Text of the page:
Feel exhilarated as you get in touch with nature and become more fit--it's all right outside your door.
No matter if you plan a short hike or a longer excursion, there are steps you can take to make your adventure a success. "One of the best things you can do to ensure a great hike is to plan ahead," says Todd Galati, certified personal trainer with the American Council on Exercise. Here's how:
Train for Success
A relatively short hike--one to two hours--might not require a lot of training, but a longer hike means a different kind of preparation.
Do some extra legwork. Hiking can tax your muscles if they're not well conditioned. And although it may seem easier, going downhill can be harder on muscles than going up. Consider a little extra quad, hamstring, glute and calf muscle work at the gym to minimize muscle fatigue during and after your hike.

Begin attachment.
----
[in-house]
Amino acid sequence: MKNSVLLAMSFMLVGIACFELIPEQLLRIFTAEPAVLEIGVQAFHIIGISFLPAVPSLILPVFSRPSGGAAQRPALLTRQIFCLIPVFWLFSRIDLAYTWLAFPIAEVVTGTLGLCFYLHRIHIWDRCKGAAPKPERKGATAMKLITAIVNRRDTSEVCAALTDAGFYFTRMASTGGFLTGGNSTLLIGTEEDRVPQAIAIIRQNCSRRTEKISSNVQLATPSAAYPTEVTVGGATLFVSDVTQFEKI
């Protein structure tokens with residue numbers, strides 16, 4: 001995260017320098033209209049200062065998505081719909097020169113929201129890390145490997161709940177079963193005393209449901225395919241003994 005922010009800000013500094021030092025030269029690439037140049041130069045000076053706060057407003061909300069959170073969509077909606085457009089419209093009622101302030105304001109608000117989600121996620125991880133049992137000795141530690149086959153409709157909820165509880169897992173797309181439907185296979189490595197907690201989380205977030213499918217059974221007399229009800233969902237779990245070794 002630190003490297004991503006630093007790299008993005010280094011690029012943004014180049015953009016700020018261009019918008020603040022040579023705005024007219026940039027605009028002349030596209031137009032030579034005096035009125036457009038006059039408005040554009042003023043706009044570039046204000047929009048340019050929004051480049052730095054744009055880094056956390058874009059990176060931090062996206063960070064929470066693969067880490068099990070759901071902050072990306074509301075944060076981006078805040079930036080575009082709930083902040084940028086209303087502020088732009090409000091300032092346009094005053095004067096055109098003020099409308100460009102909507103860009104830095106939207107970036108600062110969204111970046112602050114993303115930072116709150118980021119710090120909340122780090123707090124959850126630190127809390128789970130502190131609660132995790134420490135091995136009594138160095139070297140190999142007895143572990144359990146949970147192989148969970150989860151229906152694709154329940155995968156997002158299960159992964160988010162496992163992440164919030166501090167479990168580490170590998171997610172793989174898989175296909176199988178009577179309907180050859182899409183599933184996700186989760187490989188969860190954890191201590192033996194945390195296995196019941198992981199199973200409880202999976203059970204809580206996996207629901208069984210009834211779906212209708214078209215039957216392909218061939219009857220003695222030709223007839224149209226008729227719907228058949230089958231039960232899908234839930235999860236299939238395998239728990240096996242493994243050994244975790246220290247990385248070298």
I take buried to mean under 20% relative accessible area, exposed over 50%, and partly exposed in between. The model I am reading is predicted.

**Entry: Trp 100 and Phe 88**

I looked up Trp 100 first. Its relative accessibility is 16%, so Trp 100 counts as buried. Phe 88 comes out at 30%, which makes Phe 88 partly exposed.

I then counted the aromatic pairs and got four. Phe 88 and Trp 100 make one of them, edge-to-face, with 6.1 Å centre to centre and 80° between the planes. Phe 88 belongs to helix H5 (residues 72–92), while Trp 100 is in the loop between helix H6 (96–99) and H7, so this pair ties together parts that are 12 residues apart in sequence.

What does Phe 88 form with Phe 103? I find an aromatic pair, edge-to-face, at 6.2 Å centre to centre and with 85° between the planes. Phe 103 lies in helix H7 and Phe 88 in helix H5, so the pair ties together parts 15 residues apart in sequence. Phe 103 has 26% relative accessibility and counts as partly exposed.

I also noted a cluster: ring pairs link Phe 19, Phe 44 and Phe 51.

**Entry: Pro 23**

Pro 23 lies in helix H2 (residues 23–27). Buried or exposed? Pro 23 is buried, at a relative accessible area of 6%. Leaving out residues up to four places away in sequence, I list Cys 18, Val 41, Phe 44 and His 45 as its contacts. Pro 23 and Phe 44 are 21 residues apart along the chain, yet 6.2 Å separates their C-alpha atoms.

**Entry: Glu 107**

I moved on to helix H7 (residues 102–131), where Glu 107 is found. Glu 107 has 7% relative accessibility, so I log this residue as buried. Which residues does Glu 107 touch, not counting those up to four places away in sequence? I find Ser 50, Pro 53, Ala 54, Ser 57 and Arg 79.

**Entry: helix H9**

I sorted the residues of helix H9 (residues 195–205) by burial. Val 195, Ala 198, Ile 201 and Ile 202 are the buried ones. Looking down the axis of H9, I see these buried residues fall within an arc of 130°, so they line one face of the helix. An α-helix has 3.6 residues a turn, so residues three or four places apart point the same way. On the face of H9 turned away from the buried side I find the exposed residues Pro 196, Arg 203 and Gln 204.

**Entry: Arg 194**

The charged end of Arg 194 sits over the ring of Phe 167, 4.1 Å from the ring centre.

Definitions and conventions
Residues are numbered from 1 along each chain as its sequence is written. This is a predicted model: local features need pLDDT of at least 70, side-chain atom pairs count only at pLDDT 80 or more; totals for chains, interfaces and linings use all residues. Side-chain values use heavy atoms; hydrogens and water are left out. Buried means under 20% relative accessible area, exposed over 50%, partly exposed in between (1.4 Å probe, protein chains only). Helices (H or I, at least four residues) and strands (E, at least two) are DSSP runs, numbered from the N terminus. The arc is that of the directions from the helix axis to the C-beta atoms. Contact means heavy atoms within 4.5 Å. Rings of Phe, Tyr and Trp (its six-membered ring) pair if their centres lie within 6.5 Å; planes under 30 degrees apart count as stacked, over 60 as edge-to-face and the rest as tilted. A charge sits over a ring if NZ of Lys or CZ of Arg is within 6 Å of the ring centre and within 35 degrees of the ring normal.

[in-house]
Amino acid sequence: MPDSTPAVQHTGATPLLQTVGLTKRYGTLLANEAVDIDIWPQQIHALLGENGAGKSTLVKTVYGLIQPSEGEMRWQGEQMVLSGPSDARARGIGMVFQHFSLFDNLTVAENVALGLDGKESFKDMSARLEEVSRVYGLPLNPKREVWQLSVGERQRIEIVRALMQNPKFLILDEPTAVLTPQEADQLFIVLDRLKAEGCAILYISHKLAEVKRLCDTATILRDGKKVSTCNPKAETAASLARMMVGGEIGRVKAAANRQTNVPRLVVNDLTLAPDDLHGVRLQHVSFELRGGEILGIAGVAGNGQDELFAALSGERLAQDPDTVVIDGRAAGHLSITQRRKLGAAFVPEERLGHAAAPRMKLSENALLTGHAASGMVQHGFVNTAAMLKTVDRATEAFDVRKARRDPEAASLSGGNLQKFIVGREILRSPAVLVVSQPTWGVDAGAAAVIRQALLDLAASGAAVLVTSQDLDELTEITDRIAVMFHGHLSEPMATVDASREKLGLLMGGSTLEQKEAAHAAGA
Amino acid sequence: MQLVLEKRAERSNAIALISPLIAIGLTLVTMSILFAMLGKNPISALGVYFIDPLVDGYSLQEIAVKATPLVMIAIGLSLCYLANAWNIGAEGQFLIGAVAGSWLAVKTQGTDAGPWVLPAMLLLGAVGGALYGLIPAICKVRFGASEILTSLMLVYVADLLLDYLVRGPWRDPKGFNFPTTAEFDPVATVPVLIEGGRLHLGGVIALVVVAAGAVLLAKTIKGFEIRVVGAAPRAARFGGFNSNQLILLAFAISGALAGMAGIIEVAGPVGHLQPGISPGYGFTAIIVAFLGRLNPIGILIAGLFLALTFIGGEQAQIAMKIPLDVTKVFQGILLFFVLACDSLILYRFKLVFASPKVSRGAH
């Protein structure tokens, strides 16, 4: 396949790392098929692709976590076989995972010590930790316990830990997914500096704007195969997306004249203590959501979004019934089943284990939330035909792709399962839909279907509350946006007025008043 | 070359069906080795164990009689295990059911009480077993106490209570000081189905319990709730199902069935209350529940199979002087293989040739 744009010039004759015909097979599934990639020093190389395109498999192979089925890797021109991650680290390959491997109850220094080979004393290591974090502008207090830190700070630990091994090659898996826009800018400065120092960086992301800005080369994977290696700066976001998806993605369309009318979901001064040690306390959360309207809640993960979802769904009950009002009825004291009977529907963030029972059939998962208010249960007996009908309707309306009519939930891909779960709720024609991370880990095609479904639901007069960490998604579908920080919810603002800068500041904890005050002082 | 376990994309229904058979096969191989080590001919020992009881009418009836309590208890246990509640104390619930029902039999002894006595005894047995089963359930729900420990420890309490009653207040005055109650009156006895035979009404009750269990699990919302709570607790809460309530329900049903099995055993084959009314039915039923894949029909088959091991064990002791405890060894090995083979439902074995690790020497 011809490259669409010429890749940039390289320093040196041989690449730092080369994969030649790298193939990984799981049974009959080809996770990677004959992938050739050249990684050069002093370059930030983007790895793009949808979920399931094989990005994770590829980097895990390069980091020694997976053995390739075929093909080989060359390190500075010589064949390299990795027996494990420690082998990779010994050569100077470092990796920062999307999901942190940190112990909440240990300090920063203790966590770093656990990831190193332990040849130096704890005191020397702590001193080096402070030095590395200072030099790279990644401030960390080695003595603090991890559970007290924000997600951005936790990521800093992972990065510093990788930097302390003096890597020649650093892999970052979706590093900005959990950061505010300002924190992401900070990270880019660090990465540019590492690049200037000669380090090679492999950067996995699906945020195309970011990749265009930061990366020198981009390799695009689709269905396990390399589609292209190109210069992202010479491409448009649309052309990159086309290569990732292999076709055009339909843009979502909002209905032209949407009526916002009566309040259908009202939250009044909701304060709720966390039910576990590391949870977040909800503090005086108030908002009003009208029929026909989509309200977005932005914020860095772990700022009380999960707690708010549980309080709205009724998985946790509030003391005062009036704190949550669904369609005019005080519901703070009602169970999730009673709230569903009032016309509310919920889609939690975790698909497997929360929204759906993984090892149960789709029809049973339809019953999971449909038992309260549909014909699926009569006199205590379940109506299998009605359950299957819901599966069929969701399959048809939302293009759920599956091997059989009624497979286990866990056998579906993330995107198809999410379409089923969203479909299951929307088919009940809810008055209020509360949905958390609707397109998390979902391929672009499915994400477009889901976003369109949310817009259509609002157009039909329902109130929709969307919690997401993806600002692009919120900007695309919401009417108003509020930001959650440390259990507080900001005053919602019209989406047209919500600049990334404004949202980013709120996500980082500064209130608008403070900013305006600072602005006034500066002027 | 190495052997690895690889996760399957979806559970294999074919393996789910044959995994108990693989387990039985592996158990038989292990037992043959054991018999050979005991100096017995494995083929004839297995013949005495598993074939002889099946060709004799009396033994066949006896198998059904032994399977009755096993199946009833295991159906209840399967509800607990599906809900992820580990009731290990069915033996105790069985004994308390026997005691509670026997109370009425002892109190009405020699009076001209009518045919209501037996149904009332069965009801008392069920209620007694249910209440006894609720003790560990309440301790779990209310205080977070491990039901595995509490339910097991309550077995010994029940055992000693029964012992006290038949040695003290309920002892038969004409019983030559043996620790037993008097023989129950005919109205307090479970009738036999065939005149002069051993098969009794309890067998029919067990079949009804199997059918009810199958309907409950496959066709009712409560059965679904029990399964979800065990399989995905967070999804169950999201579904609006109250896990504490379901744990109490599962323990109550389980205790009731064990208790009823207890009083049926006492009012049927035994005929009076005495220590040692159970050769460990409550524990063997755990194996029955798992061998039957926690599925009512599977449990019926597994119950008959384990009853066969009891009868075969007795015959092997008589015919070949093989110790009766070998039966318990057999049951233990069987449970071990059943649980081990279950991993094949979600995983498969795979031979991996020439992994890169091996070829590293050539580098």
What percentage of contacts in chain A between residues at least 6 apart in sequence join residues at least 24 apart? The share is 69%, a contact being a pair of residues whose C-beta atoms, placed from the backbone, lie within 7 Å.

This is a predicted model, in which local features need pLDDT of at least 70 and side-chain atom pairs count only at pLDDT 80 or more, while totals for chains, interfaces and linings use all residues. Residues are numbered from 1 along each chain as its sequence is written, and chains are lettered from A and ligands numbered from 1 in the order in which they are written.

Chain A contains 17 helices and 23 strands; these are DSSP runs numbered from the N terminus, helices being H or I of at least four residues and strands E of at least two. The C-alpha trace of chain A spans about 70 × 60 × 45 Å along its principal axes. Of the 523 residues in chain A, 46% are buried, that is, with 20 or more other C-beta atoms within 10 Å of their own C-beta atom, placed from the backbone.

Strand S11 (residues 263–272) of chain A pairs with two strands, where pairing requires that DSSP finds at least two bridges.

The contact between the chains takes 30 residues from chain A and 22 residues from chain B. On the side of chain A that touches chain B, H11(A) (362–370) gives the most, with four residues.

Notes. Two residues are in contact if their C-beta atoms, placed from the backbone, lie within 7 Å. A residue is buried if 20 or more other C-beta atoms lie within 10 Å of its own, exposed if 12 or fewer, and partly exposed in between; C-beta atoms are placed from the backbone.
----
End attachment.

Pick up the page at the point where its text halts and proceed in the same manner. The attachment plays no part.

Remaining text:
- Use the leg press machine at the gym to strengthen quads, glutes, hamstrings and calves.
- Do some hamstring curls with a stability ball. Lie on the floor with your calves on top of the ball, your upper back and shoulders on the floor and your arms out to the sides. Raise your hips and your lower back off the ground so they form a straight line with your legs. Keeping your abs tight, pull the ball toward your butt by digging your heels into the ball until your feet are flat and your knees and butt are high in the air. Pause then push the ball away from you until your legs are straight.
- Do some lunges to strengthen glutes, hamstrings, calves and quads.
Aim for 10 Percent Know how much time your hike will take, and then do shorter hikes until you're within 10 percent of your estimated hike time. "You don't want to make more than a 10 percent jump in exercise time from one week to another or you may put yourself at risk for injury," says Galati.